The world's only exhibition game that counts will take place on Tuesday evening, when the American League and National League fight for an extra home game during the World Series.
Silly? Yes. The dumbest stipulation in all of sports? Probably. But it certainly motivates Paul Goldschmidt to potentially help out the Los Angeles Dodgers during the 2015 MLB All-Star Game.
On the bright side, almost everyone short of the Philadelphia Phillies can harbor some semblance of playoff aspirations, especially in the AL, where the last-place Oakland Athletics are 41-50 with a plus-44 run differential and eight-game deficit.
Perhaps Jonathan Papelbon will claim some crucial outs for the NL before getting traded to an AL club this month. Desperate attempt to mean something aside, the Midsummer Classic offers an incredible display of talent, both young and old. Besides, what else is on TV?
2015 MLB All-Star Game
Date: Tuesday, July 14
Where: Great American Ball Park, Cincinnati
Time (ET): 8 p.m. (Broadcast starts at 7 p.m.)
Live Stream: Fox Sports Go
All-Star Starters: Zack Greinke (NL) vs. Dallas Keuchel (AL)
On Monday afternoon, both managers announced their All-Star starting pitcher, per MLB's Twitter page:
The honor is more cosmetic than anything else, at most giving Zack Greinke and Dallas Keuchel two innings instead of one. Yet with the Dodgers leading the NL West and the Houston Astros expediting their rise to contention, each hurler enters the summer showcase with ample motivation.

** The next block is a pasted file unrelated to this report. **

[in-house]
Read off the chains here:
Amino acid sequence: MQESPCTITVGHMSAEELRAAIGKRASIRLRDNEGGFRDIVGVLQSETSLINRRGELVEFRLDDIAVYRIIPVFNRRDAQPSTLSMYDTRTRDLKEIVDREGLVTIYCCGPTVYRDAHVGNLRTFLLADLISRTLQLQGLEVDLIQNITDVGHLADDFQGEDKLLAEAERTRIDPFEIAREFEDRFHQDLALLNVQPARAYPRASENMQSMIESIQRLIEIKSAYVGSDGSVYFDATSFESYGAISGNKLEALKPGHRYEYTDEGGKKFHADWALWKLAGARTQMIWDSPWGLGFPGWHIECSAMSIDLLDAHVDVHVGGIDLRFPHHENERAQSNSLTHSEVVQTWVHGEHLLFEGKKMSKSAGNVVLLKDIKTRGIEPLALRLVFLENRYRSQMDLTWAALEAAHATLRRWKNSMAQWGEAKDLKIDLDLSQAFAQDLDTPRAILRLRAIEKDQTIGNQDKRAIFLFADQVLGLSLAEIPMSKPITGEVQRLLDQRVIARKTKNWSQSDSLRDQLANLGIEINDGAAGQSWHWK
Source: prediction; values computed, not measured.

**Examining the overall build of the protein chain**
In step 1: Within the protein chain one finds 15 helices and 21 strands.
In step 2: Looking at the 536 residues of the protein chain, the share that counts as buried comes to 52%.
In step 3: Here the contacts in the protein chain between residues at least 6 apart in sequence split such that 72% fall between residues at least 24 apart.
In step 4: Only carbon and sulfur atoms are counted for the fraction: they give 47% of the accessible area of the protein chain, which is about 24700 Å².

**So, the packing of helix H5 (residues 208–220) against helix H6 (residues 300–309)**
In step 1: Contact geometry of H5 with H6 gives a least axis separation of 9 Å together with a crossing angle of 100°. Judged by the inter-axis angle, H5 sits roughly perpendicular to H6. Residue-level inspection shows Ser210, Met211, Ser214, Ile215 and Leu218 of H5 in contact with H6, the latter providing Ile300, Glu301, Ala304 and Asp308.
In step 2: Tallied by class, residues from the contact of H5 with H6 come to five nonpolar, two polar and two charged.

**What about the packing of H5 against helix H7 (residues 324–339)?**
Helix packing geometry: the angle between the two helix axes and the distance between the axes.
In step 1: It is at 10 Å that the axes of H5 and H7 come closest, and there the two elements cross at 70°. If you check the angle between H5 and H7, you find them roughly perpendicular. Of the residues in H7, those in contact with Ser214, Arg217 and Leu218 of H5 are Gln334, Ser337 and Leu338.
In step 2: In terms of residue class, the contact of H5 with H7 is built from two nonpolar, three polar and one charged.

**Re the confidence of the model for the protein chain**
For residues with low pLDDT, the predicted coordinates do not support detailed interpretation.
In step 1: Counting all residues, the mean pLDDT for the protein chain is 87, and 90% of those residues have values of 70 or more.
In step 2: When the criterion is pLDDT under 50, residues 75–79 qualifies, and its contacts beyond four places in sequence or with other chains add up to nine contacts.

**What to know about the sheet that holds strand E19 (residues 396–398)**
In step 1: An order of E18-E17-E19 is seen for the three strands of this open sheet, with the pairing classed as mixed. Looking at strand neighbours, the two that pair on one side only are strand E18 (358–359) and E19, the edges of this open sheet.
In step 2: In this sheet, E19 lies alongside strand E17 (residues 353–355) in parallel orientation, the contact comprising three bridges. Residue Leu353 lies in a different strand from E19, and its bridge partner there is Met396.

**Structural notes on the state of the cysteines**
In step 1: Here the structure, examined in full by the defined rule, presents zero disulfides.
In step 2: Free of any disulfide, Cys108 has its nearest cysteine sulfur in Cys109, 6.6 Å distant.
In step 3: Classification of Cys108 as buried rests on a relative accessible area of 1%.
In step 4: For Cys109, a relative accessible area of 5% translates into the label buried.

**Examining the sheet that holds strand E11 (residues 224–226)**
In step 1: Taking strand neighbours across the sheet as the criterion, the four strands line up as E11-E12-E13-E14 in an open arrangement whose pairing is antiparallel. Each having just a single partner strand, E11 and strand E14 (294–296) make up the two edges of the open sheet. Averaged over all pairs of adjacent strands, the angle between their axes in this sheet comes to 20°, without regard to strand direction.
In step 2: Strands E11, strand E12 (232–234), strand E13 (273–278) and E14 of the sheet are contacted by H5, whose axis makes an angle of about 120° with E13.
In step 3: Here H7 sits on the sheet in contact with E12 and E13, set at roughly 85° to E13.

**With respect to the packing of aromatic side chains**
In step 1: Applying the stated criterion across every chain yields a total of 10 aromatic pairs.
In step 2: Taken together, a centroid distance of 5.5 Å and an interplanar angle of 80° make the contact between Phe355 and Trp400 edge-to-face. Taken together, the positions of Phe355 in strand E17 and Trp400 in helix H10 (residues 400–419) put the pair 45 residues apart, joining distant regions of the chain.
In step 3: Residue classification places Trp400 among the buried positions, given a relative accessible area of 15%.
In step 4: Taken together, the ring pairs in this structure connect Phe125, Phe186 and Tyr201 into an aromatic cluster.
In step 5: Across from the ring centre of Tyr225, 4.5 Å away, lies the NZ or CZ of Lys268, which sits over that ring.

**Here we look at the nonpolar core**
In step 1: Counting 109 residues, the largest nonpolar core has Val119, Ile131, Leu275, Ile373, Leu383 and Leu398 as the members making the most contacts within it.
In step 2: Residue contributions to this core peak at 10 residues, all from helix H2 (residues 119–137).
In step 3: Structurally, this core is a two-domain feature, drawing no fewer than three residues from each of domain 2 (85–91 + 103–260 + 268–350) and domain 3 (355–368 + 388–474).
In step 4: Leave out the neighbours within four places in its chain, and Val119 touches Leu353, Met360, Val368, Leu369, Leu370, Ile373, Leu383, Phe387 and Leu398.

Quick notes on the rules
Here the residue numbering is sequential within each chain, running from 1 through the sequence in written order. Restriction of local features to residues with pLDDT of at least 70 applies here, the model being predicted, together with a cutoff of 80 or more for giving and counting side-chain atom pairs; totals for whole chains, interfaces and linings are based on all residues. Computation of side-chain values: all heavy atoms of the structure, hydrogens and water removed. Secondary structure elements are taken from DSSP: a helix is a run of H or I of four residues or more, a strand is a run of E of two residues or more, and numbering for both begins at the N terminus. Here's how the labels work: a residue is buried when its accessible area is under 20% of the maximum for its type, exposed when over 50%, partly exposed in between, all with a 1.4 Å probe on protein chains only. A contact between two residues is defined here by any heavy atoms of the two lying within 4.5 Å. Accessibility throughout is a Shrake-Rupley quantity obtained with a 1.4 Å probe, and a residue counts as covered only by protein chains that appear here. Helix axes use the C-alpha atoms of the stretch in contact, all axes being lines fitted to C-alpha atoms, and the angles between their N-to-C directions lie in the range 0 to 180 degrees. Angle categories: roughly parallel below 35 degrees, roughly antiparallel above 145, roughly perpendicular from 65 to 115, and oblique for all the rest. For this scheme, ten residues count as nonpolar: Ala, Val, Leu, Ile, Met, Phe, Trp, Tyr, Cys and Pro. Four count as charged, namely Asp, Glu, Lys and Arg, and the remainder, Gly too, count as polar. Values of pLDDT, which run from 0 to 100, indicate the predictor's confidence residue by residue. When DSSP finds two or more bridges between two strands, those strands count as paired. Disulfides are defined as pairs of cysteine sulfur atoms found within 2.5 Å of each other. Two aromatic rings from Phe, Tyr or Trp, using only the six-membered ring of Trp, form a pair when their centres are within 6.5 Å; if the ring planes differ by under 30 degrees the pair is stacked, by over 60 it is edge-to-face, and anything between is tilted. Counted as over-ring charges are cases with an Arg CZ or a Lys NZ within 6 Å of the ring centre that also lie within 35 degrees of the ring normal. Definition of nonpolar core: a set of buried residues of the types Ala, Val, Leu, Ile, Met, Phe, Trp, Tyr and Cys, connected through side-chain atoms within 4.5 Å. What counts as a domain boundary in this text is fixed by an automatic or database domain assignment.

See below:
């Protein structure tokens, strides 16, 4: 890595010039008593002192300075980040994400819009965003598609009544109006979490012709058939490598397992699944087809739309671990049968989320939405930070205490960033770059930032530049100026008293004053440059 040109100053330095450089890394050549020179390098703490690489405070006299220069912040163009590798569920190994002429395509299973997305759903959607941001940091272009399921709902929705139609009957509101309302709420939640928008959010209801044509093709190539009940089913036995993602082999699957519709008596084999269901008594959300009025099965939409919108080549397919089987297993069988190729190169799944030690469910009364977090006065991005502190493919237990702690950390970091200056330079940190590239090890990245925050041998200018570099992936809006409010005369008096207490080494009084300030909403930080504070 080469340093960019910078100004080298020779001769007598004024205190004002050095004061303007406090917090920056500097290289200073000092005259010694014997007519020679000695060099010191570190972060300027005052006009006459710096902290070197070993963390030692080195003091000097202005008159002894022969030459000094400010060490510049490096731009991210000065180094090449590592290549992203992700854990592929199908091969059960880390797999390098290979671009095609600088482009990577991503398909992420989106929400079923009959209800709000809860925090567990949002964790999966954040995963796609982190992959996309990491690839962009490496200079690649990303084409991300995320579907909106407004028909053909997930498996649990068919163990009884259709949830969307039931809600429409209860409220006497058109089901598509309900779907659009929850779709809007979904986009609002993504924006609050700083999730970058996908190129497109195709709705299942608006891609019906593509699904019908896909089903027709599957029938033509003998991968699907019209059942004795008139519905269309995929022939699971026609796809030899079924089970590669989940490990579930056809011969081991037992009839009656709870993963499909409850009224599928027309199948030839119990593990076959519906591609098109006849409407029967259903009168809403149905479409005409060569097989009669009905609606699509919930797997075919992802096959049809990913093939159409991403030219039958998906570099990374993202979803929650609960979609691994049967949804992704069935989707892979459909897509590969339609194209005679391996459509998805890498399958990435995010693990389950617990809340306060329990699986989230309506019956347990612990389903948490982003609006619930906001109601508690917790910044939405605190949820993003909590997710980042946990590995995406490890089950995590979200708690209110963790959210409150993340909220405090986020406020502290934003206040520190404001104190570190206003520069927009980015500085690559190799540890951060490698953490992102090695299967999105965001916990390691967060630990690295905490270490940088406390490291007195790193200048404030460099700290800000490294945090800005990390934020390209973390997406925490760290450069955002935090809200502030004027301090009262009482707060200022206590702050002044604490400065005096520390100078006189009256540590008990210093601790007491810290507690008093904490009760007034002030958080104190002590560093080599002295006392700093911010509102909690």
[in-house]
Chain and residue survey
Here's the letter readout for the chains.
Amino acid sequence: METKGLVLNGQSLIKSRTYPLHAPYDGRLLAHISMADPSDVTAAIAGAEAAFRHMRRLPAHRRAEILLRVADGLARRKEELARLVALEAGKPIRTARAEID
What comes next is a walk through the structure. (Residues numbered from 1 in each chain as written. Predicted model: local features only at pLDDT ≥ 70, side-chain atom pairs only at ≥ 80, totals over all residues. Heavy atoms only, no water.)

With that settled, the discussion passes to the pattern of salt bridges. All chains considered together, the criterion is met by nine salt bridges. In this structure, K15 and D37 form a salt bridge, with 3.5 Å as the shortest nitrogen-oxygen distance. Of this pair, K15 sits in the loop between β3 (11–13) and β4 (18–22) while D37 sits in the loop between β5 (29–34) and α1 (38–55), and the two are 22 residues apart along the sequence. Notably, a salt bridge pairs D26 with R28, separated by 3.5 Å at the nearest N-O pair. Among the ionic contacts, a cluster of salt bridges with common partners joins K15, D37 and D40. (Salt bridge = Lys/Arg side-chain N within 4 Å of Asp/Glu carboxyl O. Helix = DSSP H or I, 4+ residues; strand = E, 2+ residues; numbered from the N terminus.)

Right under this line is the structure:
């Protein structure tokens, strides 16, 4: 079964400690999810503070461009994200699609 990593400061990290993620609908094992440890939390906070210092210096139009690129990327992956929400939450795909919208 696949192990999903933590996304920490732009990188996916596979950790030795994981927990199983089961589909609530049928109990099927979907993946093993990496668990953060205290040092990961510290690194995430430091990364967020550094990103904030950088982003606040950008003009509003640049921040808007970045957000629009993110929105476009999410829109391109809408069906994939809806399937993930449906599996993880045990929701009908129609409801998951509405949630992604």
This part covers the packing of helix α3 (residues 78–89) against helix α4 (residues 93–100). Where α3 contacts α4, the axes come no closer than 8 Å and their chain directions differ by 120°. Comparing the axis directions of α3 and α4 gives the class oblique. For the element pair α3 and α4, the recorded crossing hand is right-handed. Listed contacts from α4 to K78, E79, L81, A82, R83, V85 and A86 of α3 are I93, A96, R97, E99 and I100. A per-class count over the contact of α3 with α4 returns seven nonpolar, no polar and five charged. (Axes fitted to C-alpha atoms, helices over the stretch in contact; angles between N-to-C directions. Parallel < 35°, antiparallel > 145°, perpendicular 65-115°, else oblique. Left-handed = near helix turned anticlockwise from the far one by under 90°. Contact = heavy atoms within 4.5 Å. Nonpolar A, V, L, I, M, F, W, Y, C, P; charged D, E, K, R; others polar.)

Neither ace has piled up the strikeouts, but both have benefited from low batting averages on ball in play (BABIP). Yet they'll kick off the festivities due to tremendous run prevention over the first half.
|MLB All-Star Game Starters|
Although Sonny Gray garners an AL-best 2.04 ERA, he lowered it during a complete-game shutout on Sunday. As a precaution for keeping pitchers healthy, starters are taken out of the fold if they throw the final game before the break.
The rule also strips the NL of Max Scherzer, who has posted a 2.11 ERA and MLB-best 2.20 fielding independent pitching (FIP), 10.71 strikeout-to-walk ratio and 4.7 fWAR. Greinke's minuscule ERA probably still would have netted him the nod, but the Washington Nationals saved NL manager Bruce Bochy from a difficult decision by using the Cy Young front-runner over the weekend.
Alas, the Dodgers' 31-year-old righty got the call. He remained reserved during Monday's press conference, per the Kansas City Star's Andy McCullough:
Greinke also compared his stellar start to 2009's AL Cy Young Award campaign with the Kansas City Royals, per ESPN's Jayson Stark.
He's right. Six years ago, he generated a career-high 242 strikeouts, leading to a 2.33 FIP, below his current 2.65 clip. Both times, the ace received no help from his teammates. After winning 16 games during a dominant 2009, he has amassed eight victories this season. Greinke has finished 14 of 18 starts with one or no runs relinquished.
Meanwhile, nobody would have pegged Keuchel as a likely All-Star starter in April. Although he recorded a 2.93 ERA in 200 innings last year, he did so following two straight seasons with ERAs above 5.00. The 27-year-old now enters the bout with a 2.23 ERA and career-high 21.3 strikeout percentage.
Houston's southpaw harnesses his powers by inducing an inordinate amount of grounders. Among qualified starters, only Brett Anderson has spawned a higher ground-ball percentage than Keuchel's 64.1 mark.
He'll have his work cut out for him when trying to generate weak contact against Andrew McCutchen, Todd Frazier, Bryce Harper and Goldschmidt to commence the interleague clash.
Note: All advanced stats courtesy of FanGraphs.